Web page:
This is the next recipe in the Southern Country Breakfast series. Sausage gravy is a Southern tradition that my family has indulged in for many years. Now that we are all watching our waistlines, we only have it for family get-togethers, but it always tastes yummy and brings back wonderful memories of the big country breakfasts that my grandmothers used to serve. You can also use low fat turkey sausage. If you do, you'll need a tablespoon or two of olive oil to brown it.
Enjoy this over hot biscuits.
[Updated April 20, 2011.]
Southern Sausage Gravy
- 10-inch cast iron skillet
- potato masher
- 16 ounces pork sausage
- 3 tablespoons unbleached all-purpose flour (or heaping tablespoons of pancake mix)
- 16 ounces milk to start (plus more as you go)
- salt to taste
- pepper to taste
- Crumble the sausage and brown it in the skillet. Use a potato masher to break up the meat until you have fine morsels, or leave some chunky as desired.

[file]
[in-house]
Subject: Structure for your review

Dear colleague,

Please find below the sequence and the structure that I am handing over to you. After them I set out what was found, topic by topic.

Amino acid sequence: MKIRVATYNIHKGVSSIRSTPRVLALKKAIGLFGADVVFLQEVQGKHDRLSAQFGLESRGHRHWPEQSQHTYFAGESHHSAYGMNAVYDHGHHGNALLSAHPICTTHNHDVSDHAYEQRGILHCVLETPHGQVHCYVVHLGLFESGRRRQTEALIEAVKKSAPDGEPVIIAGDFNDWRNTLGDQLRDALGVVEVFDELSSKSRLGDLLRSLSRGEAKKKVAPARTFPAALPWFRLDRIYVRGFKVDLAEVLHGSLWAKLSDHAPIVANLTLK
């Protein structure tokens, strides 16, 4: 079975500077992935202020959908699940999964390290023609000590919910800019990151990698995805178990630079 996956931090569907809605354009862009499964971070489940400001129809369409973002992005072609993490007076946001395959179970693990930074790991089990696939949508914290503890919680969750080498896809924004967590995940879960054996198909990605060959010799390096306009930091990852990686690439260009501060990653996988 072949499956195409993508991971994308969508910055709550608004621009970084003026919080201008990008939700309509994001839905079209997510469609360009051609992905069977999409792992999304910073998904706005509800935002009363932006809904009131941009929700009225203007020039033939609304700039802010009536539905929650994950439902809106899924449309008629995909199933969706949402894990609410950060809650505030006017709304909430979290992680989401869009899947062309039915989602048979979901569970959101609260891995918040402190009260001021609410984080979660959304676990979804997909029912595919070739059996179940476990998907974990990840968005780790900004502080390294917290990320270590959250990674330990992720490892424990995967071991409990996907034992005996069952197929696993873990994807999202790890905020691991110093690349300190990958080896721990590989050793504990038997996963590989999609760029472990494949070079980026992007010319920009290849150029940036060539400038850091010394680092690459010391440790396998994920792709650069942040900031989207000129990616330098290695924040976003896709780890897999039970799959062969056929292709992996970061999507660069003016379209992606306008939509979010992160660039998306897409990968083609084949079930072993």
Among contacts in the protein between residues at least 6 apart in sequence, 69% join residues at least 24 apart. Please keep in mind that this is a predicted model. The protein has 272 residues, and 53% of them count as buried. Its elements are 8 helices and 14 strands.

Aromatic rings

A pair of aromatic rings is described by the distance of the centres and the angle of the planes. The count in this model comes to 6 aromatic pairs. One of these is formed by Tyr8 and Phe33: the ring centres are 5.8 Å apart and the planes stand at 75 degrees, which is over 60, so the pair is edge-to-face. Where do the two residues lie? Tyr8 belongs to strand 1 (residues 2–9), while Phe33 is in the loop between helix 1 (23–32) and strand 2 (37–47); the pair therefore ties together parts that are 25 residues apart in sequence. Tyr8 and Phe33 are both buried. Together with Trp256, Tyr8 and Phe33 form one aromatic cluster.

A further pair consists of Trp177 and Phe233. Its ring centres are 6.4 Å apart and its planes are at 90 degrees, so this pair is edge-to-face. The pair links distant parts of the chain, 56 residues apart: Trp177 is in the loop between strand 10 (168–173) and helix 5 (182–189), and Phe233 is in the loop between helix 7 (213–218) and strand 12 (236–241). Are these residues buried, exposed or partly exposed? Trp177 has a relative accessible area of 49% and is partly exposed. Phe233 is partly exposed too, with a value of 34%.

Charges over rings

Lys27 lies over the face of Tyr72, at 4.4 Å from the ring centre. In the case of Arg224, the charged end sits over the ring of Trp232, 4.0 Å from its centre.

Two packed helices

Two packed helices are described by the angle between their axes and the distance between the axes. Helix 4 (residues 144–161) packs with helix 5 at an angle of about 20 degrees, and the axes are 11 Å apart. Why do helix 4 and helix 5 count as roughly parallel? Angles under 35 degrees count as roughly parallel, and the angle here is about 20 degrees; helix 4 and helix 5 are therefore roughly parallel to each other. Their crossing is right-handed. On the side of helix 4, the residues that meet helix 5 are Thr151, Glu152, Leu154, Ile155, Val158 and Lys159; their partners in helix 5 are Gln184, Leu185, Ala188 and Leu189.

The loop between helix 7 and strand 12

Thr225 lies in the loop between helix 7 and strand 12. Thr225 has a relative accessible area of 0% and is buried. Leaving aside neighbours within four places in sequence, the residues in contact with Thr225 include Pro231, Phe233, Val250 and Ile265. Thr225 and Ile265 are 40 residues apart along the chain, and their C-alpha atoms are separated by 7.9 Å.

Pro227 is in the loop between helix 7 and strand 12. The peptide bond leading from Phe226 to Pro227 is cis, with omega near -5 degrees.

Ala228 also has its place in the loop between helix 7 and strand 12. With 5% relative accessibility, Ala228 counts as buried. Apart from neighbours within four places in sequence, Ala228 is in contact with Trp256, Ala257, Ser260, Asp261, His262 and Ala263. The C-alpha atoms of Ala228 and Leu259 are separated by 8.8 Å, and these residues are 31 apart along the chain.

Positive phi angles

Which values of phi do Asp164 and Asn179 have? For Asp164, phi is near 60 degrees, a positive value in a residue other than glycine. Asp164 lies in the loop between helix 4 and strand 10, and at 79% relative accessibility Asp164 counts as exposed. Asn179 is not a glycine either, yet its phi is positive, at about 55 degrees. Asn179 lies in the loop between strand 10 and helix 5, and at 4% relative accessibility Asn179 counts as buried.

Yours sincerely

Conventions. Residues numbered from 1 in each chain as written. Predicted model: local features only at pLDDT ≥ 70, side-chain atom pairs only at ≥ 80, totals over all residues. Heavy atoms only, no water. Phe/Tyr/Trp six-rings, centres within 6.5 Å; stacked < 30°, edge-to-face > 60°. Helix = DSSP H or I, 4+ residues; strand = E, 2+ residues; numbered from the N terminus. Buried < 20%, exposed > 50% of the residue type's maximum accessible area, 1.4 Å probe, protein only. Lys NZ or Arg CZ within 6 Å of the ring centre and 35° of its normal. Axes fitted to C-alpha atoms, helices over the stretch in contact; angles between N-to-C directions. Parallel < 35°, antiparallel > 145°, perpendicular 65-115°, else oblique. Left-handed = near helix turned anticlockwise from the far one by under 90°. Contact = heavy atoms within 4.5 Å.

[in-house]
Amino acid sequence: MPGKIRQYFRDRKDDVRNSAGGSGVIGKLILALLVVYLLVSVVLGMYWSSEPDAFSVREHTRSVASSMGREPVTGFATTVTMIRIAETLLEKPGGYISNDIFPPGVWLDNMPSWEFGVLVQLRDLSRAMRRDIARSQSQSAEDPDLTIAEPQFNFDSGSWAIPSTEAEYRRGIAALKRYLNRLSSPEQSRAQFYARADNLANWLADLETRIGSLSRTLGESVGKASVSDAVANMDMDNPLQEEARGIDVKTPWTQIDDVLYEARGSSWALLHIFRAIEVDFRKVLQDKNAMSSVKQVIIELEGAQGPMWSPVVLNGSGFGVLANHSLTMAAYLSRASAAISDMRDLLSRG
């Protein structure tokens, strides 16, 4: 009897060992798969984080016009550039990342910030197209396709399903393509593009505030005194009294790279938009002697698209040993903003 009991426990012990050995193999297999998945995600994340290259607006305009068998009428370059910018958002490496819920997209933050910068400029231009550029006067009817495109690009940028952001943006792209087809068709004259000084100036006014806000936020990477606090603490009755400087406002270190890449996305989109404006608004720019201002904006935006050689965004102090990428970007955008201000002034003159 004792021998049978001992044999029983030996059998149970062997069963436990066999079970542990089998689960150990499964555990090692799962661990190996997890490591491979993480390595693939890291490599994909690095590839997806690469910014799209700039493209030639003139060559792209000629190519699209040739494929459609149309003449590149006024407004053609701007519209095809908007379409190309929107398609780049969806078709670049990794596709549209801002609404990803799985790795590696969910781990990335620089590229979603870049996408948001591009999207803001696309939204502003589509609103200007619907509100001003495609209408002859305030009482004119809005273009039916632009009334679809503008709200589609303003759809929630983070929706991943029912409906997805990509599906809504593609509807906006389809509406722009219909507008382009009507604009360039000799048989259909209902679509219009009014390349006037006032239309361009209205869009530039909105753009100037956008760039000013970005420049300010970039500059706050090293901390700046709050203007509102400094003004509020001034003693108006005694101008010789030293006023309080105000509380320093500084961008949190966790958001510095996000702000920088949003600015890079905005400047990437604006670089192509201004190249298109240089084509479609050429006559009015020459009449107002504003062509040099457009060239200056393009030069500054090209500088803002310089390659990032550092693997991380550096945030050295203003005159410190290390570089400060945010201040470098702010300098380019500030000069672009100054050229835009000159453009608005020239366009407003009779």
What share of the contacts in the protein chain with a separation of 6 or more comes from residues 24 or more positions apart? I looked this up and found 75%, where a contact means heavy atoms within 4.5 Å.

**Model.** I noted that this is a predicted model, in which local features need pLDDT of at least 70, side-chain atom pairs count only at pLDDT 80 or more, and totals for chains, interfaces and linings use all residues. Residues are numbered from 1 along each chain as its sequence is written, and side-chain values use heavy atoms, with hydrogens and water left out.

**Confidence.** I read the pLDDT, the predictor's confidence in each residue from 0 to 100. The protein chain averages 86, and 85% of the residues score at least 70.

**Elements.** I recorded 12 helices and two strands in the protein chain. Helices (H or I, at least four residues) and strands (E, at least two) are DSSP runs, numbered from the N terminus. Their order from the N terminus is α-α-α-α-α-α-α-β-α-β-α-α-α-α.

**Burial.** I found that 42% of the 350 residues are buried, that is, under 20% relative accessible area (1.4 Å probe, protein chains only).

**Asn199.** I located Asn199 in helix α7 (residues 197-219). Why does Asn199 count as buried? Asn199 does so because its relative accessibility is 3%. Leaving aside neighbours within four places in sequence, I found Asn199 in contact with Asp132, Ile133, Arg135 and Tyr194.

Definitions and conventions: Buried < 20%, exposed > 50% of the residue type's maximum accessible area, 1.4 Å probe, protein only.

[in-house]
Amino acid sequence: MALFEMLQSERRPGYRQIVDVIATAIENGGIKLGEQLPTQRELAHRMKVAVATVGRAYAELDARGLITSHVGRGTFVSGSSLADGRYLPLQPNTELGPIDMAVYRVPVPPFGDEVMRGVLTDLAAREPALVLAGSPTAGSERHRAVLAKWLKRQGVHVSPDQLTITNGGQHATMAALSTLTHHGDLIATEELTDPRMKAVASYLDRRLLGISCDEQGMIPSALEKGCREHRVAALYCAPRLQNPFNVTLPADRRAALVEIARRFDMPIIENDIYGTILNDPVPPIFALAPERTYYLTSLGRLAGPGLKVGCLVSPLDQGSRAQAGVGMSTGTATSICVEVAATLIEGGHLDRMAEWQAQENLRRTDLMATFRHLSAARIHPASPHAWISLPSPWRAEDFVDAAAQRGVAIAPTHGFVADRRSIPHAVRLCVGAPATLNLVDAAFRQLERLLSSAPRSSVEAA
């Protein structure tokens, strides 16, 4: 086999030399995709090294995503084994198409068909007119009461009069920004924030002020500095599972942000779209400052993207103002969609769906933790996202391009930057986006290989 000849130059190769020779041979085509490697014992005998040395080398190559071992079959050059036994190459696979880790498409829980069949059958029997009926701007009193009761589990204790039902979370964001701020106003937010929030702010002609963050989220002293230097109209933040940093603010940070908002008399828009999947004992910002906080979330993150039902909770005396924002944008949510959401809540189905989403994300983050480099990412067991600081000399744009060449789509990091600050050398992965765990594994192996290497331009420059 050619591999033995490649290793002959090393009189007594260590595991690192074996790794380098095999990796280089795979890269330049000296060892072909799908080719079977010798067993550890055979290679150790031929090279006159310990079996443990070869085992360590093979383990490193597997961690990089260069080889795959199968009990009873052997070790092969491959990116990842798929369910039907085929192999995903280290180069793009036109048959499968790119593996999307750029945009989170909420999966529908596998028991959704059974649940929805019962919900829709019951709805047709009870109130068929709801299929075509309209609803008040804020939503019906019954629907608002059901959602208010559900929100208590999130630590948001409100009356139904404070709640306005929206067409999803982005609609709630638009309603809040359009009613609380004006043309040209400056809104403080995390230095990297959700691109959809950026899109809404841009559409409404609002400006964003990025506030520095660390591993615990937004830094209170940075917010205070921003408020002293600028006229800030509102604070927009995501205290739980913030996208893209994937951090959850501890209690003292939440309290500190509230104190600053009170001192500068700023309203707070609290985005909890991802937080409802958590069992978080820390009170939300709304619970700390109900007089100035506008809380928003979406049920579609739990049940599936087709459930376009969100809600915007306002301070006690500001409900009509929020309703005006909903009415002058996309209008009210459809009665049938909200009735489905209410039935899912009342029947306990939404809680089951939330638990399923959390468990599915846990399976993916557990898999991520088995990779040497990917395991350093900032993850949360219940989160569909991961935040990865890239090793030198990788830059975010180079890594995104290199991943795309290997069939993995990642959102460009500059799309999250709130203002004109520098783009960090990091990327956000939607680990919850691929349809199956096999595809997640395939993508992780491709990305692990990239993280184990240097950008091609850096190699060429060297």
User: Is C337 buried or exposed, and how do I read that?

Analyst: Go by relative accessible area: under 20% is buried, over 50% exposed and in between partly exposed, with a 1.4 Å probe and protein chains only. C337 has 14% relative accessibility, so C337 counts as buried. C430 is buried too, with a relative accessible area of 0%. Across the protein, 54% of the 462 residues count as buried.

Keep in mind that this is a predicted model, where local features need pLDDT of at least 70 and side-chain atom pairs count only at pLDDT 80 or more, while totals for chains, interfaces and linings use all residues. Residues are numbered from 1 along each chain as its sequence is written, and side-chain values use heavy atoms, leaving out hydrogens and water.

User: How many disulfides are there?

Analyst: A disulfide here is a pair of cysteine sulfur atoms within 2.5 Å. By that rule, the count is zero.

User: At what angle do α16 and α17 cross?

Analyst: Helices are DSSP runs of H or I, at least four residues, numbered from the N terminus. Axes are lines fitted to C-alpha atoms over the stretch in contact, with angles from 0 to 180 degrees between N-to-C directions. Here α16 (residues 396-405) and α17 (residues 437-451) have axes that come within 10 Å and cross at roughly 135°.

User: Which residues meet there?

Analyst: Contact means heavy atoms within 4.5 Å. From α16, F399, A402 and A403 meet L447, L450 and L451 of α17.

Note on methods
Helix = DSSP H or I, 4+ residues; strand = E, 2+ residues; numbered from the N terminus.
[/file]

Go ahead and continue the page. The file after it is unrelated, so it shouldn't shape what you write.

- Make a roux. Add the flour to the skillet and cook, stirring, until the flour turns brown and blends in well with the meat. If there are some drippings still loose in the pan, add another tablespoon of flour. You'll want it to be dry, not greasy. Continue adding flour as necessary.
- Add milk and stir well. Cook over medium heat for 10 to 15 minutes or until thickened. Continue adding ¼ cup of milk until the gravy is thickened, but not pasty. Season with salt and pepper to taste. Serve over hot fresh biscuits.
Robin Boyle says
Hi, Andrea. I was just wandering around the Internet this gorgeous Easter morning looking for a sausage gravy recipe for a special breakfast. My husband Jim and I spent 12 years in the Upstate of South Carolina where we learned to love (too much) Southern cooking. It's been seven years since we headed south to Florida then north to Michigan and neither place had real Southern food. Restaurants and friends alike outside the South would apparently try for something authentic, but to no avail. Same thing when I lived in Paris during the late 60's. I haven't had real French bread since then, not anywhere. Come to think of it, I ran into an Irish bread in Ireland a couple of years ago and can't find that, even on the Internet. It's not "Irish Soda Bread," but it was served all over the country every morning and I can't figure out what to ask for on Google. Anyway, nice talking to you, love your site, will bookmark and come visit.